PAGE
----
Political philosophy asks questions about the purpose of government and how power should be distributed in a society. To better understand the role of a state, the first chapter considers what would happen in a “state of nature” where there is no government. Hobbes thought without laws, everyone would be at war constantly. Locke thought people have an internal sense of morality, but there needs to be a mechanism to enforce violations. Rousseau thought people are averse to suffering of others, but scarcity will drive people to conflict. They all agreed that a “state of nature” is probably unsustainable.
Chapter 2 discusses why we should follow laws. Tacit consent says everyone living in a state implicitly consents to its laws; utilitarianism says laws make everyone better off compared to a state of nature. Both arguments however run into problems when justifying why people that disagree with laws should still follow them, and we are not prepared to let them escape the obligation to follow laws entirely.
Chapter 3 talks about who should hold power. Plato thought experts should rule and democracy is bad because the uneducated mobs will make poor decisions, but Condorcet thought a large group of people will usually be right. A problem of democracy is whether people will vote for the overall most beneficial laws, or the laws that benefit themselves the most, the latter causes tyranny of the majority. Rousseau imagines a classless society so there is no difference between self-interest and societal interest, but this denies people the freedom to deviate from the general will. Mill argues for representative democracy instead of direct democracy, and also there is a symbolic meaning to voting beyond a decision making mechanism.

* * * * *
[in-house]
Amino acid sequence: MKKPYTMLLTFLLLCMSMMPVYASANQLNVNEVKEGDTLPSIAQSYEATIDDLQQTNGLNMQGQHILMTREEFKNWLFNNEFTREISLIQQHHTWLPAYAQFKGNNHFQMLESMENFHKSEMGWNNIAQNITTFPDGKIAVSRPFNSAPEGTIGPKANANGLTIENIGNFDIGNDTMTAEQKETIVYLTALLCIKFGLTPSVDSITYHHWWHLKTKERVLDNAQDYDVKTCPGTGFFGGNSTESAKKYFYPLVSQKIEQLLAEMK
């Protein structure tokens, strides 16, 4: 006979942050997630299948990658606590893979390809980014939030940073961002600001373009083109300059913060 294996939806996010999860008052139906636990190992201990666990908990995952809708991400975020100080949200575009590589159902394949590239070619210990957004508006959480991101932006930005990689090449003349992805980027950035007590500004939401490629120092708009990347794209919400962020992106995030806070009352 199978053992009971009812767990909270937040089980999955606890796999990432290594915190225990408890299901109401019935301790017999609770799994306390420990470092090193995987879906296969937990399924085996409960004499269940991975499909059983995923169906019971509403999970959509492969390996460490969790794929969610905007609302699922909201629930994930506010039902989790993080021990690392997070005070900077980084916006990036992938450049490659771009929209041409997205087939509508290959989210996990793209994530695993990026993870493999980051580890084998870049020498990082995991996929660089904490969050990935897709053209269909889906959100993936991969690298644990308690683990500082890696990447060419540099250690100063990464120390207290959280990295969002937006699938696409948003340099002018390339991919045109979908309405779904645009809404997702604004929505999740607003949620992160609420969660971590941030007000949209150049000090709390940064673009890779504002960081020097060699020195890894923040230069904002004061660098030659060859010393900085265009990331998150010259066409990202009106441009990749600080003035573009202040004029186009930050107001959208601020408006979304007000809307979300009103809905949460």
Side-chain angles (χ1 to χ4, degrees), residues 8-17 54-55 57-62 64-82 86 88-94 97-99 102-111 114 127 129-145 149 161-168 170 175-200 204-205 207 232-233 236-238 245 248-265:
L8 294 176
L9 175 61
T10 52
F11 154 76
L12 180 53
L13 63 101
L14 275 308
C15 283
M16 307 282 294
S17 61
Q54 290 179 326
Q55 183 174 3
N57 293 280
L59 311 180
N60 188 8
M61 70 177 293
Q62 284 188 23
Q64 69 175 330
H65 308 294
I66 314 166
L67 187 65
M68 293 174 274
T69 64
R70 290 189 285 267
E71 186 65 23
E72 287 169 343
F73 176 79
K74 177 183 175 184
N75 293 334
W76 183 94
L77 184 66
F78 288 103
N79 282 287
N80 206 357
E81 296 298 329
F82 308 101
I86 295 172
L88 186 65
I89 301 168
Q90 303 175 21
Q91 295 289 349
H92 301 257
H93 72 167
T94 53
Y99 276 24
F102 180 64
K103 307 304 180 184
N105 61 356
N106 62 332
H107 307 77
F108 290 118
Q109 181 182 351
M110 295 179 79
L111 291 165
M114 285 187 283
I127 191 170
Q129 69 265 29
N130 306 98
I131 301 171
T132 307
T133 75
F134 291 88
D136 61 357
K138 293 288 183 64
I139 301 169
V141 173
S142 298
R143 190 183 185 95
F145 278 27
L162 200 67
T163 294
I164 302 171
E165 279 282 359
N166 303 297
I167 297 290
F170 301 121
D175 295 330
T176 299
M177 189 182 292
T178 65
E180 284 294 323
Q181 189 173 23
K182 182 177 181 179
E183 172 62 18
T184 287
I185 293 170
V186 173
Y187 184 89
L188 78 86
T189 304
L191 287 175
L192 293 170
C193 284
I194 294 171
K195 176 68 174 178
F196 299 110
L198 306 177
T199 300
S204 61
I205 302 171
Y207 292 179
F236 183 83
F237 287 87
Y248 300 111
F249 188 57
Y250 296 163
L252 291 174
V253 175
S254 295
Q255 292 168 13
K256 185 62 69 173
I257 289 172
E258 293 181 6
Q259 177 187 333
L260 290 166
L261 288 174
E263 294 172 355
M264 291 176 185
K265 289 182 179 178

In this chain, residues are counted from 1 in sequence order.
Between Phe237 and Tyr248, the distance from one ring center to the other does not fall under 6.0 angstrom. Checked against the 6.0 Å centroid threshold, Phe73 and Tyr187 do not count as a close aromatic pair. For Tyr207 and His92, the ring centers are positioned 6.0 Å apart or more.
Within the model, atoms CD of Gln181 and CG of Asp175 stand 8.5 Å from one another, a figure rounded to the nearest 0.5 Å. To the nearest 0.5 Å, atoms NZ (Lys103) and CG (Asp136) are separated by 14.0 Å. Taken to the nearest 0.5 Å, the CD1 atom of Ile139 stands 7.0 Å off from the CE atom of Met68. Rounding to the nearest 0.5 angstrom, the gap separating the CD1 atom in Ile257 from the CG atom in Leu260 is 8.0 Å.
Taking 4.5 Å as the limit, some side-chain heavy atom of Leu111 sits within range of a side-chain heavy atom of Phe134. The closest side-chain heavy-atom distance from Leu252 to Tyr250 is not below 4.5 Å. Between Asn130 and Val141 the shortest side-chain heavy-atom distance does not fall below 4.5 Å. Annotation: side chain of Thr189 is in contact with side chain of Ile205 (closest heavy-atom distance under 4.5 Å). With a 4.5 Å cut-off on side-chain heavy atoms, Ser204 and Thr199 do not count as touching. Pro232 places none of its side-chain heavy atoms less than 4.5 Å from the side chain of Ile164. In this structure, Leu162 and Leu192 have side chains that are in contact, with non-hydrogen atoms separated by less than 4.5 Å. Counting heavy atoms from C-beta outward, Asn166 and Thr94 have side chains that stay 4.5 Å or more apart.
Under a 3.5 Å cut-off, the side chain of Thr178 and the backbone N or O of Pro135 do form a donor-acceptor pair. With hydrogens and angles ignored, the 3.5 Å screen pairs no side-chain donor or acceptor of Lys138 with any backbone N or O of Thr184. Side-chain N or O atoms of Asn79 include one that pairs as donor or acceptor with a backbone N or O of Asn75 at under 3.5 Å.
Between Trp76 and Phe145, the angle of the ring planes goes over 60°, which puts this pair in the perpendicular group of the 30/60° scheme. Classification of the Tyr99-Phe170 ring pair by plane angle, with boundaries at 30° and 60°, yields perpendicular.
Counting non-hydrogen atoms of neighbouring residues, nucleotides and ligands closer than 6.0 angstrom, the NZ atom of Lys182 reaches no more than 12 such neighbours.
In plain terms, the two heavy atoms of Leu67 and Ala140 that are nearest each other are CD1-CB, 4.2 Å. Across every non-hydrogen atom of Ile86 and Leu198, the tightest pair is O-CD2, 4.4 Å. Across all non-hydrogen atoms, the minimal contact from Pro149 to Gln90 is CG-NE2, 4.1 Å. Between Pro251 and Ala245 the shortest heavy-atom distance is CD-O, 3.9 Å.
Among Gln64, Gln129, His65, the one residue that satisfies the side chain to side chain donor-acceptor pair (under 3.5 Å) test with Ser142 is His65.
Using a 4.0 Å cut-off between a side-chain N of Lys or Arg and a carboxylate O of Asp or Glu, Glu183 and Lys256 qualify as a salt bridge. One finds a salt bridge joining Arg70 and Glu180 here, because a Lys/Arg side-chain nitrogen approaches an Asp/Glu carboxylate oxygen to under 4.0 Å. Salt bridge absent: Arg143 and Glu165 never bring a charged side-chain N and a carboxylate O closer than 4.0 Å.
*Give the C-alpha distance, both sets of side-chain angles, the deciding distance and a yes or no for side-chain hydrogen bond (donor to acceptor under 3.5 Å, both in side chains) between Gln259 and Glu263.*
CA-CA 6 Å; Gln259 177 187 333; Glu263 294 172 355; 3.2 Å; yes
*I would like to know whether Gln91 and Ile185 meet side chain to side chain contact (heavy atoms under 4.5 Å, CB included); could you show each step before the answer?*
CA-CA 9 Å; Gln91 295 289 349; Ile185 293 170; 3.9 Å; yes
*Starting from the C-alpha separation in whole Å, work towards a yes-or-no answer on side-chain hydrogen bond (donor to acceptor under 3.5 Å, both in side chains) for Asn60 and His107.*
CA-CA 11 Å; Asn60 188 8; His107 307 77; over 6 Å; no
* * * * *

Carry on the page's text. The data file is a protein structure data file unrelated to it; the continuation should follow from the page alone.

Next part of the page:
Chapter 4 talks about the value of liberty versus material wealth. Mill argues that liberty is intrinsically valuable as long as it doesn’t infringe on the liberty of others, and alternative views are also beneficial and should be allowed to exist. However, it is difficult to define what actions infringe on others, such as public acts that some people consider to be offensive.
Chapter 5 asks how should property and wealth be distributed. Locke thought people deserved to own property that they extracted from nature through hard work, but this is unfair to later generations when all land has been taken. Rawls imagines a hypothetical contract where we don’t know our position in society but must choose the wealth distribution, and argues it’s most rational to maximize the well-being of the poorest (maximin). However, Nozick points out that enforcing any wealth distribution comes at the expense of liberty.
The sixth and final chapter covers a range of social justice issues that are commonly debated today, including gender, racial affirmative action, immigration, and climate change, but I thought this chapter was weak as it tries to cover too much in a few pages. Overall, these philosophical questions will not be resolvable, but makes the reader think about how to justify assumptions that are frequently assumed but rarely talked about.